Women soccer players are four times more likely to suffer from anterior cruciate ligament (ACL) tears than their male counterparts. A study of 2,958 intercollegiate soccer players (1,565 male and 1,393 female) who were followed during the 1993 and 1994 seasons is presented Thursday in poster exhibit A 66.
Forty-five ACL tears were reported-36 female (2.58 percent) and 10 male (0.64 percent)-in the 30 National Collegiate Athletic Association Division 1 schools that participated in the study. All of the schools had both men's and women's soccer teams on their campuses.
Twenty-four of the females and seven of the males did not receive their ACL tear because of contact. Twenty-three of the women were injured during a game and five of the men were injured during practice.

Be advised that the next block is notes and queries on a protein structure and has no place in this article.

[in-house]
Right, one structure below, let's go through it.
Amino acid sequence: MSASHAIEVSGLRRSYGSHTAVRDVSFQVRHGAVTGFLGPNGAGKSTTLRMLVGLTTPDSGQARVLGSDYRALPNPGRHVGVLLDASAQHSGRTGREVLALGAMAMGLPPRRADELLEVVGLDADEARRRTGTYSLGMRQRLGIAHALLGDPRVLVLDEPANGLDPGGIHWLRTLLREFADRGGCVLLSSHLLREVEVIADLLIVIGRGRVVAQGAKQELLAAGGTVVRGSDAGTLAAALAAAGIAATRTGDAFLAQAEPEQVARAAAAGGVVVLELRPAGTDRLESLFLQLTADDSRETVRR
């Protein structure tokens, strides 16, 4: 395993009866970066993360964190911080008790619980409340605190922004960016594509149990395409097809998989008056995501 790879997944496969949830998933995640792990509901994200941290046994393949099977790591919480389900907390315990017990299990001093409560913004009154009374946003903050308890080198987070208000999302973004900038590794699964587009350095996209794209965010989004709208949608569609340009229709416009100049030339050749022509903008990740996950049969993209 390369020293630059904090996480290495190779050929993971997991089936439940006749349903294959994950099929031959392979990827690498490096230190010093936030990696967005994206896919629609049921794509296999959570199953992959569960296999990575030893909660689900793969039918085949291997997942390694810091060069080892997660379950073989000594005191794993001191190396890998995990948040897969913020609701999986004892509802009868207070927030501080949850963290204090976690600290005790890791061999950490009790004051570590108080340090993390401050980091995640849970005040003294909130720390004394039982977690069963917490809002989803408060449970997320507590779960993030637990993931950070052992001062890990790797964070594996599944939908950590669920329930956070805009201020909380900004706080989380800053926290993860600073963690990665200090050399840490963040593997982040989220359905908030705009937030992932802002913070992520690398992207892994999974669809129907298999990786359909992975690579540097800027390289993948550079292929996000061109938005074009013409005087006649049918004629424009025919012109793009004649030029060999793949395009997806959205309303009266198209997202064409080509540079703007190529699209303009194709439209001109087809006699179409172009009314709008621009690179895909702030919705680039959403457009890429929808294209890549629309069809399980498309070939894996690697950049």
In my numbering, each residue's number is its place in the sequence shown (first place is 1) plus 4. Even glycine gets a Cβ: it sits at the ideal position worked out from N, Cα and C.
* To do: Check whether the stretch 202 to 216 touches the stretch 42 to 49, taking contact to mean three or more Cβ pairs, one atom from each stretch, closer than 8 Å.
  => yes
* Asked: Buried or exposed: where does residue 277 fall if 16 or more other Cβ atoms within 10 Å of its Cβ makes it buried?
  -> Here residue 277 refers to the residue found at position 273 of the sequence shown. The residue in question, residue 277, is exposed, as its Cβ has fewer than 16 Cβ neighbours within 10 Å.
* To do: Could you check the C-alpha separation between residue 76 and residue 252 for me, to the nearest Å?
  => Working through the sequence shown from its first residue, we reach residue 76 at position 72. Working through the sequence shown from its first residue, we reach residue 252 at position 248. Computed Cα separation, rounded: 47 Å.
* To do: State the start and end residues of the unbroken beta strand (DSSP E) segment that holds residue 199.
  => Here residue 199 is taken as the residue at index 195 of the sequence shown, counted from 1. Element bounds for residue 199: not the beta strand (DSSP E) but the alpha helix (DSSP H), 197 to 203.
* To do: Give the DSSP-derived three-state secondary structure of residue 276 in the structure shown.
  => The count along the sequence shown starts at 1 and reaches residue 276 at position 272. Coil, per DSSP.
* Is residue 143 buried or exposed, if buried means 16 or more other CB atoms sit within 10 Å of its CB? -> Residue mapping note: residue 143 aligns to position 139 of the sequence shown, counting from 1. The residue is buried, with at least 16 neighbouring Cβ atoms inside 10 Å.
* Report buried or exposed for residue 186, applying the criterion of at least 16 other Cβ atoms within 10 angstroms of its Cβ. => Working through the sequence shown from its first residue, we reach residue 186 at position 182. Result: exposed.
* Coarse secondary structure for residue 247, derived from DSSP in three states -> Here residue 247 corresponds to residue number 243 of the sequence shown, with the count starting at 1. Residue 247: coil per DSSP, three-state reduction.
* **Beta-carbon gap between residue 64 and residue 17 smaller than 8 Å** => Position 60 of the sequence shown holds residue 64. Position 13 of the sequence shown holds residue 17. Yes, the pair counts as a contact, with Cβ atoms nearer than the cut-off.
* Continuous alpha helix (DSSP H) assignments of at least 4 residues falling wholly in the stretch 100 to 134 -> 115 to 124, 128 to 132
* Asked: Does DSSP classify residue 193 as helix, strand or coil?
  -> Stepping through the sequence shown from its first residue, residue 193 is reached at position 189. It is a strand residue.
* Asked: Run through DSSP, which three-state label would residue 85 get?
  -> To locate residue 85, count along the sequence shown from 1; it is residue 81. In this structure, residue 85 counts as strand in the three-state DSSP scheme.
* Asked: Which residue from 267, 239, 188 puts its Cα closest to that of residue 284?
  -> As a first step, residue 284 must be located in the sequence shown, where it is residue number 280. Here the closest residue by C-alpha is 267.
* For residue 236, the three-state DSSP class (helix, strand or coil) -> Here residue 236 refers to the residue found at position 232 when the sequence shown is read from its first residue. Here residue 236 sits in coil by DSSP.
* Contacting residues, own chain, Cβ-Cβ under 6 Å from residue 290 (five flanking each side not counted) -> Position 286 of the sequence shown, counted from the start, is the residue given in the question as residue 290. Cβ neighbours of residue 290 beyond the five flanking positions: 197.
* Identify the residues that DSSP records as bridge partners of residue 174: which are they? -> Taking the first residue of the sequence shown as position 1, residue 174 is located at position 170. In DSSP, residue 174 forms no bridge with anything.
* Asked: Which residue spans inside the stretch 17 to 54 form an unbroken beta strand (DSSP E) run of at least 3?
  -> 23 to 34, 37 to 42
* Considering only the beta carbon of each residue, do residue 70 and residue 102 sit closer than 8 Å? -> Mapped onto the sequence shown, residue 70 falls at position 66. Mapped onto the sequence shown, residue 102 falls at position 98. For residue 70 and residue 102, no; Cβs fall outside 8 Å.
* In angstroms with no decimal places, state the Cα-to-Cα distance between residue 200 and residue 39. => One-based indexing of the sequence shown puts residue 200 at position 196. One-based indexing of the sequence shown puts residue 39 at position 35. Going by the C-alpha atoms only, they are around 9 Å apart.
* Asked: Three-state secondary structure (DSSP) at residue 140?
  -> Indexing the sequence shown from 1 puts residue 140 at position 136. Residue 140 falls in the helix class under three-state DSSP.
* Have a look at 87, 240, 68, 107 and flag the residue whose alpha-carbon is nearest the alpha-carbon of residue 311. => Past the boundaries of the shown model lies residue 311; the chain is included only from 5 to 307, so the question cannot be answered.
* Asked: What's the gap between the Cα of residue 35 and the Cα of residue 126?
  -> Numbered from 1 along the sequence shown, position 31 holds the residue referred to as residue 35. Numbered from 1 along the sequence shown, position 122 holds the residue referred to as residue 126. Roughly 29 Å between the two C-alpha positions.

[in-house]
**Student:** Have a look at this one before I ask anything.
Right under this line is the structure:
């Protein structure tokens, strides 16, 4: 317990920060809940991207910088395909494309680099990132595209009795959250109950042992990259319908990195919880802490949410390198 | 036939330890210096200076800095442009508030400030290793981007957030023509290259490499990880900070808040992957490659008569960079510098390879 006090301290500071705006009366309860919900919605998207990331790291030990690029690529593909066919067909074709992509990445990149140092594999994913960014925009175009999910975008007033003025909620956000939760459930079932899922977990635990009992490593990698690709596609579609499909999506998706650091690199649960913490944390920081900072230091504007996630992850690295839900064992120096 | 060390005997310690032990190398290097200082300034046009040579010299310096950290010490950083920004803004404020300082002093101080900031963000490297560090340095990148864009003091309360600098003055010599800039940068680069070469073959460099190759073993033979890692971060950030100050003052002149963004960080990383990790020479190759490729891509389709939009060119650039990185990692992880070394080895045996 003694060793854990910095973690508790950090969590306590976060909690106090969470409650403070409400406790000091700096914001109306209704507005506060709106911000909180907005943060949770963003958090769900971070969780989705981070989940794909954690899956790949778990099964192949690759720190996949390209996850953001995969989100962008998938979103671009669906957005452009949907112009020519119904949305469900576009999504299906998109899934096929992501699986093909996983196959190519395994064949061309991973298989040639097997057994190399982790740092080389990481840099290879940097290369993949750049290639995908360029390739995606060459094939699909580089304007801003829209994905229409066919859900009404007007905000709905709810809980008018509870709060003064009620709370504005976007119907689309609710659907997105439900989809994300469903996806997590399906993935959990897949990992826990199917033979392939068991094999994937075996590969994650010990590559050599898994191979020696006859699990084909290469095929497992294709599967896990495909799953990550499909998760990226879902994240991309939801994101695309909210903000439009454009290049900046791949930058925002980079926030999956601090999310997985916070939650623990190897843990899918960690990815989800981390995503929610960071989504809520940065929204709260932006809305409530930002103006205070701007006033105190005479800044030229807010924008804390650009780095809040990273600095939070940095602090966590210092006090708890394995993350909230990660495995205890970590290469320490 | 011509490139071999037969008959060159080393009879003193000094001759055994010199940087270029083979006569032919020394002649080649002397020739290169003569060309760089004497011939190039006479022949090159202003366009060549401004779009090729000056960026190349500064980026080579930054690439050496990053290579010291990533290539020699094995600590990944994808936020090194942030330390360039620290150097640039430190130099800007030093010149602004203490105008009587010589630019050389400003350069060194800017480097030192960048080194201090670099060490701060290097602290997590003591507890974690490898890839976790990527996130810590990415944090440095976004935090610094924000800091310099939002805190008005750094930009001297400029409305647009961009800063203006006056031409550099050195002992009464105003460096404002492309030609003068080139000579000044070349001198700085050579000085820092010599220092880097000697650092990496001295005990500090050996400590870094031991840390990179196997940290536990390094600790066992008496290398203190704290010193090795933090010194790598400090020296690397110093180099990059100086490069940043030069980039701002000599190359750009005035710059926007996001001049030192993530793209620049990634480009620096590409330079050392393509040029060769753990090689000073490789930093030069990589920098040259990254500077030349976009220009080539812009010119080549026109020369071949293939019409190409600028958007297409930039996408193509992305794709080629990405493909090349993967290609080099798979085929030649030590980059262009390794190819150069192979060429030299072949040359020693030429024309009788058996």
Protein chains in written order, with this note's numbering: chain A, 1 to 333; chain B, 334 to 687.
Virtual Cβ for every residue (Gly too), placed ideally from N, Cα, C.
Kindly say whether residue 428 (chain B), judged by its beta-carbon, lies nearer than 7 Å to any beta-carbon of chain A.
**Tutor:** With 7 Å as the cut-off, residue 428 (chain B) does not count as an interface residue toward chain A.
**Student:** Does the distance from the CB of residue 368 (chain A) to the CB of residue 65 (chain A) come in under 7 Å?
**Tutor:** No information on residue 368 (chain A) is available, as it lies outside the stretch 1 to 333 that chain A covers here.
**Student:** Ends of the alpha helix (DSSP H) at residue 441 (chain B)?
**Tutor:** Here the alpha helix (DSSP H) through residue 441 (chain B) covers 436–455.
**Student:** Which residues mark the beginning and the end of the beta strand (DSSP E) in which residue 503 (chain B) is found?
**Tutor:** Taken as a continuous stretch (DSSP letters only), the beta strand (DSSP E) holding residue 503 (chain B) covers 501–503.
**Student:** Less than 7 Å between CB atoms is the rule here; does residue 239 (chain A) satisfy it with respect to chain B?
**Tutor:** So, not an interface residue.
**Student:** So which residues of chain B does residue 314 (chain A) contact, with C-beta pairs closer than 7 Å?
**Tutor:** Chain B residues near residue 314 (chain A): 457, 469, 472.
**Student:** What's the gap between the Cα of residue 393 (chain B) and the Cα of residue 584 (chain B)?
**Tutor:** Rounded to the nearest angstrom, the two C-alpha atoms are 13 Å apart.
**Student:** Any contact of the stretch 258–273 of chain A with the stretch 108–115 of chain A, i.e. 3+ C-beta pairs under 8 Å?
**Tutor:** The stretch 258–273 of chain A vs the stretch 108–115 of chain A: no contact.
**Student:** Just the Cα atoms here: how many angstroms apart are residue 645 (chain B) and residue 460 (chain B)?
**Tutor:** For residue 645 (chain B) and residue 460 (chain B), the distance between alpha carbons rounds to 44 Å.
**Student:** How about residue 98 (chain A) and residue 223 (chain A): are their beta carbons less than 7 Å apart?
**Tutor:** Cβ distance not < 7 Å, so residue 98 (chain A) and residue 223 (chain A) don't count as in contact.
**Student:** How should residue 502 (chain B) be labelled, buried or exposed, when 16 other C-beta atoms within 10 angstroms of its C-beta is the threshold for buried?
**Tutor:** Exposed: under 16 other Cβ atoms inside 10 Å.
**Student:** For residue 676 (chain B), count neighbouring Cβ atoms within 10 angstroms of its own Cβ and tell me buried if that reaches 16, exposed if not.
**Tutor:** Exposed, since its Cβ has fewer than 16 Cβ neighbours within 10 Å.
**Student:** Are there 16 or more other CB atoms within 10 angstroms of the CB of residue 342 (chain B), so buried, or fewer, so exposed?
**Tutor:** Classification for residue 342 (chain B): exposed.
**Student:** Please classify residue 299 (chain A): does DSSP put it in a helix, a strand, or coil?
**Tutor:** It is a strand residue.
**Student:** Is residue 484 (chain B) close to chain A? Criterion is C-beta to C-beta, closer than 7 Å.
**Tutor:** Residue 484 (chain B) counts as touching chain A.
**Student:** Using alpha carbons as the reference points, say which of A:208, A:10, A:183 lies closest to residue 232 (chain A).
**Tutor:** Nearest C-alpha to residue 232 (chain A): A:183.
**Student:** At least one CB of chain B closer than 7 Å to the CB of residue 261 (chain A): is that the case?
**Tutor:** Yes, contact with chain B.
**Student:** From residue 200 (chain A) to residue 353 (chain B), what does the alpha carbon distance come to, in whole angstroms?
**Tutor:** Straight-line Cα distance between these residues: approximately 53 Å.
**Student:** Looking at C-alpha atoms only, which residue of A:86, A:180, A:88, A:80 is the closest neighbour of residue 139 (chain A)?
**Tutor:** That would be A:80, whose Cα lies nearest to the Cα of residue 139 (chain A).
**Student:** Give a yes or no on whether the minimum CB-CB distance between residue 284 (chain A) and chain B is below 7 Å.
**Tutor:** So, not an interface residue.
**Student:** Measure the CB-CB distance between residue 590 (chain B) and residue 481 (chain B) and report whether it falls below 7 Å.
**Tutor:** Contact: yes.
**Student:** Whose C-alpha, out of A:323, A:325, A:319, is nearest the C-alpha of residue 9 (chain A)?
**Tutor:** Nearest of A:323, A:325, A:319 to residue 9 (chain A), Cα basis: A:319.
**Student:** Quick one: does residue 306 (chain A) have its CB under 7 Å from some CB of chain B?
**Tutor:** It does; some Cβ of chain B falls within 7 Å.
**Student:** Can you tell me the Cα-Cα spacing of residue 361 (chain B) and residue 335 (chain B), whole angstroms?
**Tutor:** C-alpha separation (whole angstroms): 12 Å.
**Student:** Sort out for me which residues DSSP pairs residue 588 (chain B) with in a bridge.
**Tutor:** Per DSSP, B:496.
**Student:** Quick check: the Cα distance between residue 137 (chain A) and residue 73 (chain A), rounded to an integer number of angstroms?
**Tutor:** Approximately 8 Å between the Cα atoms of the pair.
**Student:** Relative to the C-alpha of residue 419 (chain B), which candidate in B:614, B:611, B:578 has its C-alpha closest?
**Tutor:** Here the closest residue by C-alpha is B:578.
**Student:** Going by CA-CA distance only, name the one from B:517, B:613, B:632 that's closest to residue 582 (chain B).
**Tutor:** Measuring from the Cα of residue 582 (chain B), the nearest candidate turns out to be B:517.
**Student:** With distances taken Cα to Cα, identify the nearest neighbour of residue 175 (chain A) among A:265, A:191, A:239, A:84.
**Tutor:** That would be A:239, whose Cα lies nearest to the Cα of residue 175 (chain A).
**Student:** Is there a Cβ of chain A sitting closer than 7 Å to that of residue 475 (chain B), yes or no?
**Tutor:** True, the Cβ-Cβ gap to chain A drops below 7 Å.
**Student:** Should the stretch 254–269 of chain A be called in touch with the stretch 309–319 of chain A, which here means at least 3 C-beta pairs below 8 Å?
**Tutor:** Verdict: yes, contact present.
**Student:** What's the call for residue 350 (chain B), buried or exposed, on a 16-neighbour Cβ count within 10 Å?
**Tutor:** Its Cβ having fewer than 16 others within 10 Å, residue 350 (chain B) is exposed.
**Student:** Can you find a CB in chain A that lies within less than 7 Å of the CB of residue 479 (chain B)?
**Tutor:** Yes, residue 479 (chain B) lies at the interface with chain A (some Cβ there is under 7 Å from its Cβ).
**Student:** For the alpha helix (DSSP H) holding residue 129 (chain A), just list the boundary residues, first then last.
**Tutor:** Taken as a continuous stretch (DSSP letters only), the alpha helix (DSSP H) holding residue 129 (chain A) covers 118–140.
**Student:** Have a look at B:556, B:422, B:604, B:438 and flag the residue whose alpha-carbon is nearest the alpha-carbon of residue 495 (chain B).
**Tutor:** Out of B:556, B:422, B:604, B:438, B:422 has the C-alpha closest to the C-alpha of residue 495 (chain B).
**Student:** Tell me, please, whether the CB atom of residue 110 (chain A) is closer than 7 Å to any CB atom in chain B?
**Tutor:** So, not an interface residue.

Confirmation of the ACL tears were made by MRI examination in 31 of the women and eight of the men. Surgical reconstruction was performed on 34 of the females and eight of the males.
Information regarding the incidence of the ACL tears, associated conditions, and team rosters were gathered from trainers through a questionnaire and by telephone.
According to James R. Slauterbeck, MD, assistant professor of orthopaedics at Texas Tech University, Lubbock, Texas, women appear to be at an increased risk for tearing their ACL, and risk factors may include training, strength, endurance, and hormonal differences that need to be further defined.
Co-authors of the study with Dr. Slauterbeck, all from the University of California Medical Center in Los Angeles, are Gerald A. M. Finerman, MD, professor of orthopaedics; Stephen H. Liu, MD, and Matthew Shapiro, MD, assistant professors of orthopaedics; and Jason Knight, a student athletic trainer.
||1996 Academy News Index|
Last modified 27/September/1996